What is a “day in the life” like for two student-athletes while their sports are in season? Women’s cross country runner Anna Corrigan (Engr ’12) and football defensive tackle Will Hill (Col ’13) documented their daily routines with digital cameras. “When I’m going about it, it’s just the daily grind,” says Hill, “but then I look back and think, ‘Man, I did all that?’” Here’s how Anna and Will see a typical day.

Anna Corrigan begins her day with an 8 a.m. swim—a low-impact endurance-building exercise—at the Aquatic Fitness Center.
A systems engineering student, Corrigan has mastered the art of multitasking—digging into a textbook while eating her lunch.
Corrigan hits the classroom with professor Richard Miksad. Her academic and athletic goals include a graduate degree in water systems engineering, and one day, running a marathon.
Corrigan relies on her bike to meet the demands of her schedule. She packs her gear—shoes, socks, books, Gatorade—hops on her bike, and pedals from one stop to the next.
In a 10k race—that’s 6.2 miles—she aims to run a steady 5:25-mile pace. “There’s something freeing about running fast. You don’t get to run like that every day, but when you do, it’s one of the best feelings in the world.”
After long runs (13 miles or so) and intense races, an ice bath helps flush lactic acid—which causes soreness and inflammation in muscles—to soothe Corrigan’s feet and legs.
A protein shake is standard fare after a post-practice weight-lifting workout. “Most protein shakes taste awful,” she says, “but this one is like delicious, protein-fortified chocolate milk.”
Corrigan sits down to dinner with friends and teammates in the athletics dining hall. On her tray: salad, asparagus, sweet potato, grilled chicken, milk and Gatorade.
At 8 p.m., Corrigan dons compression socks (they help with blood flow and muscle recovery after lengthy runs) and wades knee-deep into homework.

Will Hill’s day begins at 5 a.m. He eats a quick breakfast before heading over to the McCue Center for a mandatory all-team ankle taping.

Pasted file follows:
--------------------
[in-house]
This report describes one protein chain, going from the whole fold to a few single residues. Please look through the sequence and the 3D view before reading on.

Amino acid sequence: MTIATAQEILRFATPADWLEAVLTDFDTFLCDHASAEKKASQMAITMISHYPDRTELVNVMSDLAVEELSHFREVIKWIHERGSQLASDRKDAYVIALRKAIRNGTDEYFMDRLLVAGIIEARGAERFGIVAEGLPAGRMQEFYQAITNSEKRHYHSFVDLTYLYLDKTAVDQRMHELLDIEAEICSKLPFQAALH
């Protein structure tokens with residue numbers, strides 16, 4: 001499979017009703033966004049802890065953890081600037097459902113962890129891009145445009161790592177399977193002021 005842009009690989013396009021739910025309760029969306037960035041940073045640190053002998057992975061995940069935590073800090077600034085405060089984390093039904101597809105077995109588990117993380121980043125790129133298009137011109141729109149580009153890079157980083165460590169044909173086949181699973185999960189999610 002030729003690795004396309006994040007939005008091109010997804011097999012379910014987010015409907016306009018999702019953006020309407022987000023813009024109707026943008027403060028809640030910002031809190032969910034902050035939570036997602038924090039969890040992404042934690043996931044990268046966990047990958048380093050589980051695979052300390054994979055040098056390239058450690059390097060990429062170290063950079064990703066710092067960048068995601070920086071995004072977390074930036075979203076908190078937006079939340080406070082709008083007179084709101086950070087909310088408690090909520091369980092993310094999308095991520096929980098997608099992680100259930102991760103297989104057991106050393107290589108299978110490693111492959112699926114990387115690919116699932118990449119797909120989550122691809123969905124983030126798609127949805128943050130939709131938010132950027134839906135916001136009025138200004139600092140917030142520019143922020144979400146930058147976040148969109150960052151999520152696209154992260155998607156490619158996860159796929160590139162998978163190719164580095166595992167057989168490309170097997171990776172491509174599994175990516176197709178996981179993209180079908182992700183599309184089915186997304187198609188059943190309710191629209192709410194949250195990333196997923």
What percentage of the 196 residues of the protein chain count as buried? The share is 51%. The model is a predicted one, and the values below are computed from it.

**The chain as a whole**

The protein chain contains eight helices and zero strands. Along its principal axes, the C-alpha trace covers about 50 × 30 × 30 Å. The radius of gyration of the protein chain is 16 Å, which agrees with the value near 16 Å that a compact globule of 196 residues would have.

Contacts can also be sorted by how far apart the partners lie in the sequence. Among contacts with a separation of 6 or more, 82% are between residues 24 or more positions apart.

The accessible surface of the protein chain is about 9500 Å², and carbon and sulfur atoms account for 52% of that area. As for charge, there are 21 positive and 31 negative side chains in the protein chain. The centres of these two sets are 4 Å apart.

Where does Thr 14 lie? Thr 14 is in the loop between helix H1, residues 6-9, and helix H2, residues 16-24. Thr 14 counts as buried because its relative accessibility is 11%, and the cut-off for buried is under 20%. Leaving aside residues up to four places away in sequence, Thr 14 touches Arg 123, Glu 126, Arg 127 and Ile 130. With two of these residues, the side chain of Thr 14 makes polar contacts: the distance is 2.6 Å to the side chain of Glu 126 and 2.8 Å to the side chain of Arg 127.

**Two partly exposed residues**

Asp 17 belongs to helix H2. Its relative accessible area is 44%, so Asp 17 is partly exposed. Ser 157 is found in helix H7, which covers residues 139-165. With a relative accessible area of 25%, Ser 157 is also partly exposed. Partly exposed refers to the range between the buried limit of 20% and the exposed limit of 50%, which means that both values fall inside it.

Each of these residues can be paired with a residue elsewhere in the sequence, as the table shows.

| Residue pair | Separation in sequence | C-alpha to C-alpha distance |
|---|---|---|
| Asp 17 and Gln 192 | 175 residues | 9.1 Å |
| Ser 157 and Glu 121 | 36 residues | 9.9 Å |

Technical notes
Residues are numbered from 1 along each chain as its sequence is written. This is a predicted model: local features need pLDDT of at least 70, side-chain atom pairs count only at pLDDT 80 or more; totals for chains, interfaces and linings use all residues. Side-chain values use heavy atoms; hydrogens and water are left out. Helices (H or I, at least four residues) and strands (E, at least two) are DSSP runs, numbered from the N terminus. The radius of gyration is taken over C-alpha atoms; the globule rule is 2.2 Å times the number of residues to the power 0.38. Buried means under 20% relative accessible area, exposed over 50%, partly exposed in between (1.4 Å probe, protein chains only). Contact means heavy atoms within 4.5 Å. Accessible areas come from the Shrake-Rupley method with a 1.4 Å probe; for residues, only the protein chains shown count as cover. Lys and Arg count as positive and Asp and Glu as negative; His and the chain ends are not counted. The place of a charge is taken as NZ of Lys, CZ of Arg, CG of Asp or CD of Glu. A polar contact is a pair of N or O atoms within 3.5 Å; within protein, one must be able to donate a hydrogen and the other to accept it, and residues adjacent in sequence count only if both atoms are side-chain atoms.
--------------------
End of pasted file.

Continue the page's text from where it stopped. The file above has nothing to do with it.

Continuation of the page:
Team meetings begin at 6:25 a.m. on the dot and last for an hour and a half; practice begins at 8. The locker room sign, says Hill, “speaks volumes of the character of our team.”
After practice, Hill heads to O-Hill dining hall to chow down with teammates before class. A typical lunch: two or three slices of pizza, a chicken sandwich and fries, Gatorade and water.
Hill returns to McCue in the afternoon to review game and practice film. He and teammates watch together and discuss what works, what doesn’t, and how they can improve.
Hill typically eats four meals a day—usually in the dining halls—but sometimes he has to eat on the go. His estimated daily caloric intake? Nearly 4,000 calories.
The night before a game, Hill packs his game bag. It holds his equipment and, usually, his Bible. He eschews music (he doesn’t own an iPod) and reads to keep his mind “clear and focused on the assignment of the game.”
Hill prepares a dinner of spaghetti, sweet potatoes and corn for himself and his housemates. He prefers cooking at home to eating elsewhere. “Sometimes we don’t have enough, though—we’re all on the team and, well, we eat a lot.”
Around 8 p.m., Hill kicks off his size-14 Nikes and sits down to study. He spends an estimated five hours a day on football and six on coursework, and catches only six hours of sleep a night.
A third-year biology major, Hill reads up on animal physiology. “Biology has always been a passion of mine,” he says. He plans either to go to med school or go into kinesiology when his time playing football comes to an end.